The city will not open a mass COVID-19 vaccination site at Coney Island’s MCU Park because of technical issues with the venue — but health honchos are now considering opening an inoculation hub at the neighborhood’s New York Aquarium, according to a local politico.
“I’m told they will send a crew to inspect the infrastructure there, just like they did with MCU Park,” Councilmember Mark Treyger told Brooklyn Paper on Feb. 16.
City health officials first considered using the home of the Brooklyn Cyclones as the first vaccine center south of Sunset Park in January, but inspectors ruled the location out because of its incompatible electrical system, Treyger said.
Now officials will reportedly conduct a walk-through inspection of the nearby aquarium, which Treyger hailed as an ideal location because of its sprawling outdoor space.
Representatives for the New York Aquarium said they didn’t have information about the city’s plan to open a vaccination site. A spokesman for the Department of Health neither confirmed nor denied the report.
“We continue to seek creative new ways to provide vaccinations to New Yorkers where they are,” said Patrick Gallahue. “As new sites are able to come online — which is supply dependent — we will continue to announce them.”
Southern Brooklyn currently houses only a handful of city- and state-run vaccination sites, including a mass vaccine hub at the Brooklyn Army Terminal in Sunset Park, a state-run hub at Abraham Lincoln High School in Coney Island, and a vaccination program at Coney Island Hospital, which is operated by the city.
New Yorkers over 65 can also get a jab at private practices and pharmacies, such as Rite Aid and Walgreens, with appointments booked on the city’s vaccine tracker. To hasten the vaccine’s rollout among seniors, officials have also set up clinics outside Warbasse Houses in Coney Island and a retirement home in Manhattan, and will continue adding small vaccination centers to senior homes across the Five Boroughs, Mayor Bill de Blasio announced last week.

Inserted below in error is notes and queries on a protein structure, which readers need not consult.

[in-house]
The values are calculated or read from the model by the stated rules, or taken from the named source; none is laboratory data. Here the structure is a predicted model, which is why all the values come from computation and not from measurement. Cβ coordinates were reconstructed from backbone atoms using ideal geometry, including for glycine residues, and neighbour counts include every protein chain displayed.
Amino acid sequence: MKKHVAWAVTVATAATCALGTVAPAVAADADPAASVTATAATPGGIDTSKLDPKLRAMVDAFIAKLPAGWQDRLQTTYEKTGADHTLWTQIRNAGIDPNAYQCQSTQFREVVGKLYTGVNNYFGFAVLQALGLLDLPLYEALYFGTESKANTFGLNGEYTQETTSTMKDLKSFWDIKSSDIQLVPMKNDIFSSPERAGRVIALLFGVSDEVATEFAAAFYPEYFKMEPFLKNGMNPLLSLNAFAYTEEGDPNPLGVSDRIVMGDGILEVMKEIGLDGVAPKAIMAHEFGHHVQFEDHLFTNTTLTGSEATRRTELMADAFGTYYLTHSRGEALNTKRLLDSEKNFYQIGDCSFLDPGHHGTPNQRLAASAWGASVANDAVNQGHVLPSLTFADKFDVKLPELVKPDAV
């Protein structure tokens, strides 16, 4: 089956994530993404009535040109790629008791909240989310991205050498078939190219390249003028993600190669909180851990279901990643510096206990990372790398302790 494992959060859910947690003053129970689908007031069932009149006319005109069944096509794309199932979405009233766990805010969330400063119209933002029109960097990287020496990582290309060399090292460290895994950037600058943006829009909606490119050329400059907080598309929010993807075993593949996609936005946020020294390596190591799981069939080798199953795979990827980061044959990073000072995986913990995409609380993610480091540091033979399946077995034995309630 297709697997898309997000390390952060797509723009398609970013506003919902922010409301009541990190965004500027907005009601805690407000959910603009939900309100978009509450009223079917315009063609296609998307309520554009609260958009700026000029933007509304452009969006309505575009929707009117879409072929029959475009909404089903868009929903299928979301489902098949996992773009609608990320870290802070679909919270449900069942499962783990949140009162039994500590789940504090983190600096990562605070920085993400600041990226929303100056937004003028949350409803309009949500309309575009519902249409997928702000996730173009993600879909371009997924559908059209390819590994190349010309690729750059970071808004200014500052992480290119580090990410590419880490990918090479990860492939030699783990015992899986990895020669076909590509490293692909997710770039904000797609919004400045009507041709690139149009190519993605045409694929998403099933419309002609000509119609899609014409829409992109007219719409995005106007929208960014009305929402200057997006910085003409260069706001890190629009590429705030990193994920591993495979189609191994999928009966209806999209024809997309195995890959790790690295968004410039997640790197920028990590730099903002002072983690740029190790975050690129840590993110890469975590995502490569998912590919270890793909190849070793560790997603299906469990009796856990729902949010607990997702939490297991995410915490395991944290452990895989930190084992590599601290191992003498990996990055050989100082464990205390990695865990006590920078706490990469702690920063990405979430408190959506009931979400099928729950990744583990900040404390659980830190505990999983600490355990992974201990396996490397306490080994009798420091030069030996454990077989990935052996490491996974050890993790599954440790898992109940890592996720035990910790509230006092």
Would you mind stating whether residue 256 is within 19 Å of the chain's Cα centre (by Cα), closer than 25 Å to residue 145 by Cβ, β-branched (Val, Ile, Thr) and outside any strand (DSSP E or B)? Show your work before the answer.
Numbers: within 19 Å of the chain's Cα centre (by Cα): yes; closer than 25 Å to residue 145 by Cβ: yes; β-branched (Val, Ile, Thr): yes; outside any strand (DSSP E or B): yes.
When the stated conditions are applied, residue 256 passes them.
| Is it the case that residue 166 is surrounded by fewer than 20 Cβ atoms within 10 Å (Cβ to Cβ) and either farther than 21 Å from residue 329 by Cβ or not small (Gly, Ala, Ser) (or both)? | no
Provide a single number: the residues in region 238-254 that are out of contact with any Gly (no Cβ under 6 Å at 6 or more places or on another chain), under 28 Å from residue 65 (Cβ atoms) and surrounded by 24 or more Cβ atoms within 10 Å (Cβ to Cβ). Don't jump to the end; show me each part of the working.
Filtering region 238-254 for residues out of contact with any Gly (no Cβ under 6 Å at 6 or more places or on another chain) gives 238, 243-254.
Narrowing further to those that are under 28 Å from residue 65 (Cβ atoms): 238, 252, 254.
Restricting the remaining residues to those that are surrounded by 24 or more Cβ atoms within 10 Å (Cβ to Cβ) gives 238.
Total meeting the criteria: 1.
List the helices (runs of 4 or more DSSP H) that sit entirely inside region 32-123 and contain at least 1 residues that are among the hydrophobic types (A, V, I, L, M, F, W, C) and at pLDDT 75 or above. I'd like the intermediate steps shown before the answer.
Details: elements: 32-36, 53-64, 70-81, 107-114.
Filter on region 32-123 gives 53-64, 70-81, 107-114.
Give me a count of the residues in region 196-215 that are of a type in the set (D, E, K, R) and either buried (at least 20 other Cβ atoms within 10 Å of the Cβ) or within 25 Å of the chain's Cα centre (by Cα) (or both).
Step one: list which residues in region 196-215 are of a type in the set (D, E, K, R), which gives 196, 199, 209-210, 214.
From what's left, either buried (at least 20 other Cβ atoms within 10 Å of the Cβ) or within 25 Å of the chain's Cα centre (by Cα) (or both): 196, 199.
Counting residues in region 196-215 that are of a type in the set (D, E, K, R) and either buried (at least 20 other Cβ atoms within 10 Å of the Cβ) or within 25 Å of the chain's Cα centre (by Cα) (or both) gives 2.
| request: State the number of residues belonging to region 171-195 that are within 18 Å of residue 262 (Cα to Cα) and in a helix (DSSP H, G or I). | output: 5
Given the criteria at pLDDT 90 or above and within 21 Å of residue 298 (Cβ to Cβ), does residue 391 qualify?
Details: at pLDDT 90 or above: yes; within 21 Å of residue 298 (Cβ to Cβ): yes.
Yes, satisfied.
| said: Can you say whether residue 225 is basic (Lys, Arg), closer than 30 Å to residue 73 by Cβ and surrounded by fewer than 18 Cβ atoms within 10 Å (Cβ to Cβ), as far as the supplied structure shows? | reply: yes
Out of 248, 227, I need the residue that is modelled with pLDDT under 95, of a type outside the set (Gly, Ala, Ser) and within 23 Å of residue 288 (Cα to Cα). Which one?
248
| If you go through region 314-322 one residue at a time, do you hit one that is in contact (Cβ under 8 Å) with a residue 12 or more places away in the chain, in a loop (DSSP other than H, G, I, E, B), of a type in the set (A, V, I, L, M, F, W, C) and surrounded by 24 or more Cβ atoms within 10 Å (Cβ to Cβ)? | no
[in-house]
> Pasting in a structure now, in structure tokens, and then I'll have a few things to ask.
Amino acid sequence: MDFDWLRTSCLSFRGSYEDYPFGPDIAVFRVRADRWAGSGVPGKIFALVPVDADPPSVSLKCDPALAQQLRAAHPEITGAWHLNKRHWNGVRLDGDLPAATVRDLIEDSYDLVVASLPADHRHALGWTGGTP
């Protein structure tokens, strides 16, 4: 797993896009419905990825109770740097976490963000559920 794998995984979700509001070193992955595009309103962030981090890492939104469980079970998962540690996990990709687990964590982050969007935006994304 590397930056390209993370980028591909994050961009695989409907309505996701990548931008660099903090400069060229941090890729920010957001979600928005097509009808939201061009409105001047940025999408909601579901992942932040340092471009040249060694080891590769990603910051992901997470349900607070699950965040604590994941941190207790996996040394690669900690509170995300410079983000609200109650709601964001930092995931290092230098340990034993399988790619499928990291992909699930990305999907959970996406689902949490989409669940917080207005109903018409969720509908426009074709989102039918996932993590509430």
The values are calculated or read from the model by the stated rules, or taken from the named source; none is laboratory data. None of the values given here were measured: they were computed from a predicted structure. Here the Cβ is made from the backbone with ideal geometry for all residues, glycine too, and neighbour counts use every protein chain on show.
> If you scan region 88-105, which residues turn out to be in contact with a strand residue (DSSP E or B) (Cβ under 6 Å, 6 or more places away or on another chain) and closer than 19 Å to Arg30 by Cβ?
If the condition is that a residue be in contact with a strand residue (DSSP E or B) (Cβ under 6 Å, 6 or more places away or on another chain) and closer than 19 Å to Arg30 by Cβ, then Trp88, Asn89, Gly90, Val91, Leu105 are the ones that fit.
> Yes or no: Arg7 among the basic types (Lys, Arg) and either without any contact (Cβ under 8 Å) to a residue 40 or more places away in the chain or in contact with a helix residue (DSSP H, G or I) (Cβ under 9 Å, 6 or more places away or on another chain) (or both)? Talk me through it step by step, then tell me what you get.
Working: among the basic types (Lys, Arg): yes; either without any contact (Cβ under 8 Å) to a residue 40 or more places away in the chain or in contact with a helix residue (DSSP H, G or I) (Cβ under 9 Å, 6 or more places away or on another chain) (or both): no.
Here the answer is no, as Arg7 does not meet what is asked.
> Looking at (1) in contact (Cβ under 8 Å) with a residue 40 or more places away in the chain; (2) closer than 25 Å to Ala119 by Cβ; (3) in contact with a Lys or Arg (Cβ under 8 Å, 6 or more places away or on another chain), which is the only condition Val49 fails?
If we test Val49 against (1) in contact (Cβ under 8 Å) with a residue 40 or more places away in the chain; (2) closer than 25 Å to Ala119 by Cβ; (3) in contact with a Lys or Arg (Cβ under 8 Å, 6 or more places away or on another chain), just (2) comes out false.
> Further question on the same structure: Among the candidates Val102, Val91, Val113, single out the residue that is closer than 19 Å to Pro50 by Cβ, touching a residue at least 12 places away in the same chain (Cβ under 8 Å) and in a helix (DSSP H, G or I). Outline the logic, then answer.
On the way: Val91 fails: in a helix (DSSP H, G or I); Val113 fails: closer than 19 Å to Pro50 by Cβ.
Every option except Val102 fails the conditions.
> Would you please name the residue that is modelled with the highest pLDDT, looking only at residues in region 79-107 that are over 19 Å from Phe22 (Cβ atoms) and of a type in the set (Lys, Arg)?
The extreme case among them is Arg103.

The Department of Health will also begin sending health workers to the homes of homebound seniors to inoculate them against the virus when the single-dose Johnson & Johnson vaccine gets delivered sometime in March, the mayor said.
The efforts come after a slow start to the city’s vaccination rollout. A shortage of vaccines has forced inoculation hubs to temporarily close, even as the state opens new sites and expands eligibility. As of Sunday, New Yorkers with underlying health conditions, such as cancer, heart disease, or obesity, are eligible for the vaccine.
As of Tuesday morning, just 2,380 residents living in the 11224 zip code, which covers Coney Island, have received their first dose — leaving 94 percent of residents who have not gotten the injection. Citywide, 411,706 adult New York residents have received at least one dose, and 303,709 have received both, according to city data.
Meanwhile, the city and state’s confusing scheduling systems have made it difficult for residents — and particularly seniors — to make appointments. Seniors have complained that the city’s vaccine finder will say that no appointments are available without allowing them to sign up for a waitlist, while others have struggled to make appointments at state-run pop-up sites because of last minute scheduling changes.
But despite the vaccine shortage and the scheduling issues, de Blasio stood behind the city’s effort to continue opening vaccination hubs.
“This is the kind of effort we need to get down to the grassroots and get to folks who need help the most,” the mayor said on Tuesday. “We believe in having as many vaccination sites as possible, as deeply into communities as possible. That’s how we fight disparity, that’s how we address the horrible inequities we’ve seen throughout this crisis.”